ARM LENGTH:32 3/8 inches- HAND SIZE:10 1/4 inches
A prototypical three-down linebacker, Foster took his time working his way up the Alabama depth chart, first serving as a backup middle linebacker before starting eight games as a junior and all 15 as a senior, working on the weak side.
Foster's size and speed makes him an ideal fit in coverage against tight ends and running backs. He's not the best inside linebacker in this class at reading plays as they develop, but his speed, quick first step and ability to deliver thunderclap hits more than compensate for that.
Foster's stock took appeared to take a hit at the Combine when he was sent home after an incident at a hospital during the medical-testing portion of the event. But according to an NFL Network report, Foster subsequently sent a letter to all 32 teams apologizing for the incident.
Nick Saban, Foster's head coach, defended him, saying at Alabama's Pro Day that the coaches "never had issues with him" during his years in Tuscaloosa.
"He's always been a great leader," Saban told reporters. "He's a signal-caller on defense. He's bright, and he's always been a great team guy and really well-liked by his teammates."
ARM LENGTH:32 3/4 inches- HAND SIZE:10 1/8 inches
40: 4.52 seconds- BENCH:24 reps
SHORT SHUTTLE:4.37 seconds- THREE-CONE DRILL:7.01 seconds
Perhaps no one in the draft is a bigger projection than Reddick, given that he spent his four years at Temple playing at defensive end. He now projects to linebacker, working outside in a 4-3 alignment and inside in a 3-4 package.
Reddick's first extended work at linebacker came during Senior Bowl week in January. He looked as if he'd been playing the position for years, relying on his instincts and physicality to make plays against the run. His coverage skills are technically raw, and he may not be ready for three-down work right away, but the speed, quickness and instincts are there.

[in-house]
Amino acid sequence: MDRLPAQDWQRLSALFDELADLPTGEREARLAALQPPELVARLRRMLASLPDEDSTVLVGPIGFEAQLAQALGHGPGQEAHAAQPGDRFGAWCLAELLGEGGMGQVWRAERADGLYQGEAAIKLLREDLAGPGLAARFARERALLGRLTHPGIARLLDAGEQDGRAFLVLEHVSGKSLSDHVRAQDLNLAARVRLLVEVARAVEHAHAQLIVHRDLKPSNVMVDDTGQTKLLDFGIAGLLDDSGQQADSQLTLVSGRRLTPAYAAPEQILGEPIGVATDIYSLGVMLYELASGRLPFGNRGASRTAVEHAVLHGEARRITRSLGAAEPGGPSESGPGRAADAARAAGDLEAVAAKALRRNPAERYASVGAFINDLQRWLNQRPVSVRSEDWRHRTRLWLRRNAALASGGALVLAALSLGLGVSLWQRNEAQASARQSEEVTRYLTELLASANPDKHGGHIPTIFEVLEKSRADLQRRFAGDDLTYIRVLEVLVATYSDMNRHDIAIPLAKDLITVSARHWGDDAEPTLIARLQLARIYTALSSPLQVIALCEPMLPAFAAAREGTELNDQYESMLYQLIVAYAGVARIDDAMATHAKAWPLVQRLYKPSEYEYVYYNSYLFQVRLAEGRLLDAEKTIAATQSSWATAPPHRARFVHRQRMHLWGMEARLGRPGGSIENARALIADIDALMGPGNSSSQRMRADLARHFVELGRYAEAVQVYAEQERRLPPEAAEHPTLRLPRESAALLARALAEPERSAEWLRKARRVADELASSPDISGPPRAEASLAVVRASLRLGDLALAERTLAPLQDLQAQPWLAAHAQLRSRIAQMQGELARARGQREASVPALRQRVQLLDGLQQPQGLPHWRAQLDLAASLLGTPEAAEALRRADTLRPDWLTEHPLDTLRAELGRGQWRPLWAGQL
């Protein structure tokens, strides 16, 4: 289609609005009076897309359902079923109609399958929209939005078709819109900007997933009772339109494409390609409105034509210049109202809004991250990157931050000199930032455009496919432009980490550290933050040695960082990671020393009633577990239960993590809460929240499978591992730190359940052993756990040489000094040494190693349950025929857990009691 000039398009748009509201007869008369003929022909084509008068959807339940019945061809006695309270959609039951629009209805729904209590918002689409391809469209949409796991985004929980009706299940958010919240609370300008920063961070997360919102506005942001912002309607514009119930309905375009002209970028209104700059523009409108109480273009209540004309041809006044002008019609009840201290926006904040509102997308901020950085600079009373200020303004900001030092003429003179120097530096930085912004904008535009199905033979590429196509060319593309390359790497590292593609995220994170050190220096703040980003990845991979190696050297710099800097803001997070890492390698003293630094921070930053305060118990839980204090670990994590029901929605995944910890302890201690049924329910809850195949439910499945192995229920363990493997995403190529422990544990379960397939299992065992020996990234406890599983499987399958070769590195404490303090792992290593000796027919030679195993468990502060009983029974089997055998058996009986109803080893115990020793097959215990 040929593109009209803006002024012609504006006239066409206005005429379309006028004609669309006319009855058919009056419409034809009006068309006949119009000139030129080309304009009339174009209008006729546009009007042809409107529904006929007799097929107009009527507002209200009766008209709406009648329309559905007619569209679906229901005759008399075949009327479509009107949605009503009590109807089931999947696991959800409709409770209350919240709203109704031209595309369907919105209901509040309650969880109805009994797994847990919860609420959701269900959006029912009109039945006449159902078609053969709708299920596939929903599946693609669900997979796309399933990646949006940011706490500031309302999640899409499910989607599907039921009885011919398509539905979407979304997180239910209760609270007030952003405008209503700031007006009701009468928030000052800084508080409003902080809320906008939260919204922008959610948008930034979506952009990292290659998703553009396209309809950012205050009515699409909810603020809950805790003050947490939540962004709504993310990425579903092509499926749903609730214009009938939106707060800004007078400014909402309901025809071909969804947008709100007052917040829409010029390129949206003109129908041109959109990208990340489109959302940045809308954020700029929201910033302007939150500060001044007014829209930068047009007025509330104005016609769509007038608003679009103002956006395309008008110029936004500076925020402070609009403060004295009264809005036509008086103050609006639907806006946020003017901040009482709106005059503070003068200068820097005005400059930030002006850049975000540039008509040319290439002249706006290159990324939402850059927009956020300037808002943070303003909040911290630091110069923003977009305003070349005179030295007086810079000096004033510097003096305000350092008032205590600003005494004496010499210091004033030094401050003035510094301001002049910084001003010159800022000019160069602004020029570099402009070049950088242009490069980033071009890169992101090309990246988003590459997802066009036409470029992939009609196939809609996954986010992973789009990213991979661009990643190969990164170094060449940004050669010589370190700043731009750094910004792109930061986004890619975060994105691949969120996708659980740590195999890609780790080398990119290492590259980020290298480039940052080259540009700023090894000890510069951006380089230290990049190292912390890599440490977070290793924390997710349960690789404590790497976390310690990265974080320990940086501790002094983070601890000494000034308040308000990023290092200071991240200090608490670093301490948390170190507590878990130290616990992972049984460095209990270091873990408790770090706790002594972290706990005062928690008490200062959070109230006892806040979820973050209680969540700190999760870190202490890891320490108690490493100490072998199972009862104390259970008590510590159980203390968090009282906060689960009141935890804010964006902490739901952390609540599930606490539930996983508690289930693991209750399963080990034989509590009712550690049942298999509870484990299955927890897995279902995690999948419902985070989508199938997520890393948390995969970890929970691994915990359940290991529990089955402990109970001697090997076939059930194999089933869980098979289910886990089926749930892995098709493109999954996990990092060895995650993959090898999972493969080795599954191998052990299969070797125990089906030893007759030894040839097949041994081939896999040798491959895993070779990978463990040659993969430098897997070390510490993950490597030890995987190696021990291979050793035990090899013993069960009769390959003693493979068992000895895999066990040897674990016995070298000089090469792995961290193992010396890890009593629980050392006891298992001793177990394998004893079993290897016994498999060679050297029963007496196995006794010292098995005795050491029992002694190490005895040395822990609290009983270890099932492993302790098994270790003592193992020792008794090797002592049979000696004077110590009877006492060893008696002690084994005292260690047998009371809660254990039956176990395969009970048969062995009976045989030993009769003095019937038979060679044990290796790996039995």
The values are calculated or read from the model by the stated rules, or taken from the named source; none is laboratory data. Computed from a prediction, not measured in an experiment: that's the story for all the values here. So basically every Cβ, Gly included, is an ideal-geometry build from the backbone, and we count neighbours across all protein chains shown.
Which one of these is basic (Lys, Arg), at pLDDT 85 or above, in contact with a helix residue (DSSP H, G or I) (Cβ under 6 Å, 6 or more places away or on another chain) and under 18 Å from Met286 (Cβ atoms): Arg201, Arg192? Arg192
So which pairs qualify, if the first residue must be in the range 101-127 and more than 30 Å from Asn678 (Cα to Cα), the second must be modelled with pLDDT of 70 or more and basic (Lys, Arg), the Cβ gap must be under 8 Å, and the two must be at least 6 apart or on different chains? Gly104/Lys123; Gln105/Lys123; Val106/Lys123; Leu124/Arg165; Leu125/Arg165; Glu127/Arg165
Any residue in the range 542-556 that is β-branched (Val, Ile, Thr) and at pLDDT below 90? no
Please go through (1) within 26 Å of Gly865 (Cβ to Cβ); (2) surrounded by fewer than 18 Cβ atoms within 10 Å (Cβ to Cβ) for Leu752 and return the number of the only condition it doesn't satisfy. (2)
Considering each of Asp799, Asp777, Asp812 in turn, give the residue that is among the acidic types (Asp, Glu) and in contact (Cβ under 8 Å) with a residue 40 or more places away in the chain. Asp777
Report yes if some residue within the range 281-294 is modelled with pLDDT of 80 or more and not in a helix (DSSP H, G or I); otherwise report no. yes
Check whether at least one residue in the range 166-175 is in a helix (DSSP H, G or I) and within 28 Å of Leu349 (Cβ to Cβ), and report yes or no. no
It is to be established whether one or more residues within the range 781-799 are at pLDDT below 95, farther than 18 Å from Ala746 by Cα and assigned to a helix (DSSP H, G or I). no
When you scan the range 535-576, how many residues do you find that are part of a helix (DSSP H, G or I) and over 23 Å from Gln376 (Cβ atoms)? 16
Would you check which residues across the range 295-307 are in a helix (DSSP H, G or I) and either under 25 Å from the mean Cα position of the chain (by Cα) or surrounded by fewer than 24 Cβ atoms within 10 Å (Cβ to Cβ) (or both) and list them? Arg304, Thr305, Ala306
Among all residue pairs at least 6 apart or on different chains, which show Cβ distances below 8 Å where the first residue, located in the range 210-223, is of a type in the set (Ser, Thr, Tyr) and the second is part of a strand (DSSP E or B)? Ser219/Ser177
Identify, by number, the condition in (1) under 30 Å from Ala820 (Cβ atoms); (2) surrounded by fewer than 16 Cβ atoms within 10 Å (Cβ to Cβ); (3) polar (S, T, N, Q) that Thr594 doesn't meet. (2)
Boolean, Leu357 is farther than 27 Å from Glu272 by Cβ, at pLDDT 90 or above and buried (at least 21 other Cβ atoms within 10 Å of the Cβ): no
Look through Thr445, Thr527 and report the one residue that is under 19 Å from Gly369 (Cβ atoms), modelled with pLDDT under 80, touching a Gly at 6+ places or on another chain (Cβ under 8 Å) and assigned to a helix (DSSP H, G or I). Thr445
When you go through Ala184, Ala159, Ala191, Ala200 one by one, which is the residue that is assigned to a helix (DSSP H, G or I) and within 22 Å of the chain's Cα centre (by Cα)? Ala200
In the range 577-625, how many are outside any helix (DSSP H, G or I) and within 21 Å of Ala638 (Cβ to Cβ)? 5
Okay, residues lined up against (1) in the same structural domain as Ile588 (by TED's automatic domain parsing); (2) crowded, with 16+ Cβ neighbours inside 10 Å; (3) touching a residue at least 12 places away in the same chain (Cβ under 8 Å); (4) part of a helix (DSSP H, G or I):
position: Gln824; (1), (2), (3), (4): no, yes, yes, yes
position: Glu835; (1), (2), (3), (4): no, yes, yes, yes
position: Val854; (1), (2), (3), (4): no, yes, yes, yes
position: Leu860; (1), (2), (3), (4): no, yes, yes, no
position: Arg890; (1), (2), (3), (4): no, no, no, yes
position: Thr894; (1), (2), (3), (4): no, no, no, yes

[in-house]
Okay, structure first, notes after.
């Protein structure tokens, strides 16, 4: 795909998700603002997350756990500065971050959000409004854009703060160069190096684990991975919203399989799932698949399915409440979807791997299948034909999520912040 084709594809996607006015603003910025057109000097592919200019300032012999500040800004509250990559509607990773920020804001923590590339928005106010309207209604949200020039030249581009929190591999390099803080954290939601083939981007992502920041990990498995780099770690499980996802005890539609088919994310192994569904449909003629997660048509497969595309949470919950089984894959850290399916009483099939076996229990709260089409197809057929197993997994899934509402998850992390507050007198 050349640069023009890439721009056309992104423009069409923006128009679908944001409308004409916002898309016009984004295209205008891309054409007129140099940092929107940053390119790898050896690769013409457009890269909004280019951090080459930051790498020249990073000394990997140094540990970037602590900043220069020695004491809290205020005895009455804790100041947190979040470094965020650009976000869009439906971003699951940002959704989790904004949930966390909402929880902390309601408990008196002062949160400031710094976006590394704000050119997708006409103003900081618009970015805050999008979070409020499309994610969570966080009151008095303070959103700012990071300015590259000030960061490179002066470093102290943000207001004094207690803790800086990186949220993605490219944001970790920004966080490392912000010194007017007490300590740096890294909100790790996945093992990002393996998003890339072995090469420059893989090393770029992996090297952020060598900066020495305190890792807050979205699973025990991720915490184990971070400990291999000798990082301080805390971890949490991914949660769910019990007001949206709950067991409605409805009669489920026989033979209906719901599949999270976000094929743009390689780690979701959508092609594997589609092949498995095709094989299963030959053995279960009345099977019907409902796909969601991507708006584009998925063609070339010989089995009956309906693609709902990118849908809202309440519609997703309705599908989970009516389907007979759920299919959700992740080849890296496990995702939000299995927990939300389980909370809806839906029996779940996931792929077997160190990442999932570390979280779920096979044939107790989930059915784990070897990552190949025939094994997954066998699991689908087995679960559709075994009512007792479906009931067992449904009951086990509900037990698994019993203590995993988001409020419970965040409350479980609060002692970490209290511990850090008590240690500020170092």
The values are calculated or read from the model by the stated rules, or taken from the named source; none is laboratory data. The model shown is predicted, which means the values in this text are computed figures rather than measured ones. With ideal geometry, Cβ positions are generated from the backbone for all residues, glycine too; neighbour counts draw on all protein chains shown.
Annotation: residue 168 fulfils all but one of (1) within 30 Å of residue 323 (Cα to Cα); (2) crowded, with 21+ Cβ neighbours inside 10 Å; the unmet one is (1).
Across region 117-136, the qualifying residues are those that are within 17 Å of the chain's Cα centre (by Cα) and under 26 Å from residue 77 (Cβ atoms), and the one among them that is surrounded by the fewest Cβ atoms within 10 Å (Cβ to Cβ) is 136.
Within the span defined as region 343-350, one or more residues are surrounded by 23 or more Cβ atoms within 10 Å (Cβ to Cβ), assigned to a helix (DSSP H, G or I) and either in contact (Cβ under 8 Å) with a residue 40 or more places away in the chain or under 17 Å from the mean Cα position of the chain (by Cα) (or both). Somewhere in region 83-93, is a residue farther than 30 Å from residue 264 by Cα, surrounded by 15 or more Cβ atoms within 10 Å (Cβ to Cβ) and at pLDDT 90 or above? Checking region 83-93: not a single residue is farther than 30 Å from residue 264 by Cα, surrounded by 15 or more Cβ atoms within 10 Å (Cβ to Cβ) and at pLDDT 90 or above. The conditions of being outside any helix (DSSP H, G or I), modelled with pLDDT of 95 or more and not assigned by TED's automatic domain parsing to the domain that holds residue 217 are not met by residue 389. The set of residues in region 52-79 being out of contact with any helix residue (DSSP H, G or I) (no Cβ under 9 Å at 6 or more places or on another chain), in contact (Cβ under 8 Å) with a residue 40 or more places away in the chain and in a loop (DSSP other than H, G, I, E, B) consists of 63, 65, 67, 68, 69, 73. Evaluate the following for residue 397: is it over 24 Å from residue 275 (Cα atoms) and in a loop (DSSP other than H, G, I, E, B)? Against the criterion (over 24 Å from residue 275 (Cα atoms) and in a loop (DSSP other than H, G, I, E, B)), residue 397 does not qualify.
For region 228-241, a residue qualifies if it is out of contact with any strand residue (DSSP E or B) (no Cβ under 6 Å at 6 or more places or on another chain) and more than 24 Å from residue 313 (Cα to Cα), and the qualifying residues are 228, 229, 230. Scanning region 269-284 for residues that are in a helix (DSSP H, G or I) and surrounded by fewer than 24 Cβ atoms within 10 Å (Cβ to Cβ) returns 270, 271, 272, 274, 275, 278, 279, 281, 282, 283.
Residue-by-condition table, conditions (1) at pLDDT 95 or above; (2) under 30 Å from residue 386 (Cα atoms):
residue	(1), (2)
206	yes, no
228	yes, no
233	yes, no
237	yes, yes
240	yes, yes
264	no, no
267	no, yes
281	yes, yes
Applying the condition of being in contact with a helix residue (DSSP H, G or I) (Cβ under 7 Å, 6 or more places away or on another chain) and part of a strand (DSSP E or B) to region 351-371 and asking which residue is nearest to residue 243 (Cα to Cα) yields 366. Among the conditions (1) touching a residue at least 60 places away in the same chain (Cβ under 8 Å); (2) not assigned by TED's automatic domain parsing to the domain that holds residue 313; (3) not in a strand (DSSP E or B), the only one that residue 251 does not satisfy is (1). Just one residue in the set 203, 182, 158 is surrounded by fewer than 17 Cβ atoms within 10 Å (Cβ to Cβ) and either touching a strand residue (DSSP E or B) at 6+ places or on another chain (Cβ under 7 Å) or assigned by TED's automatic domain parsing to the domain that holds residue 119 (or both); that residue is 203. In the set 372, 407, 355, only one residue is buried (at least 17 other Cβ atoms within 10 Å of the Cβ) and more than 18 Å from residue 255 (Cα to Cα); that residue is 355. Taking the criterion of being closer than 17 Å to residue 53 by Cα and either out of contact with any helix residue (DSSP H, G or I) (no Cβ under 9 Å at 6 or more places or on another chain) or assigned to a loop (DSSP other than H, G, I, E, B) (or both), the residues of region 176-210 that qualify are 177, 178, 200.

No FCS product among this year's 3-4 inside linebackers had more tackles for losses the last two years than Reddick, who racked up 35 stops behind the line of scrimmage.
ARM LENGTH:34 3/8 inches- HAND SIZE:9 1/4 inches
40: 4.67 seconds- BENCH:15 reps
SHORT SHUTTLE:4.29 seconds- THREE-CONE DRILL:7.03 seconds
Quickness and anticipation are Cunningham's defining characteristics. He is perhaps the best linebacker in this class at reading run plays as they develop, and he is rarely caught out of position.
His quick reaction leads to many stops in the backfield; he leads all draft-eligible 3-4 ILBs with 1.32 tackles for losses per game the last two seasons.
Cunningham pointed to his tackling as an area in which he needs improvement, saying at the Combine that he needed to finish his tackles better and "be more physical [with] the strength to shed blocks."
If he can refine his tackling technique and add between 5 and 10 pounds, he could avoid the missed tackles that occasionally plagued him at Vanderbilt and become a Pro Bowler within three seasons.
ARM LENGTH:33 inches- HAND SIZE:9 3/4 inches
40:4.61 seconds- BENCH:23 reps
SHORT SHUTTLE:4.39 seconds- THREE-CONE DRILL:7.15 seconds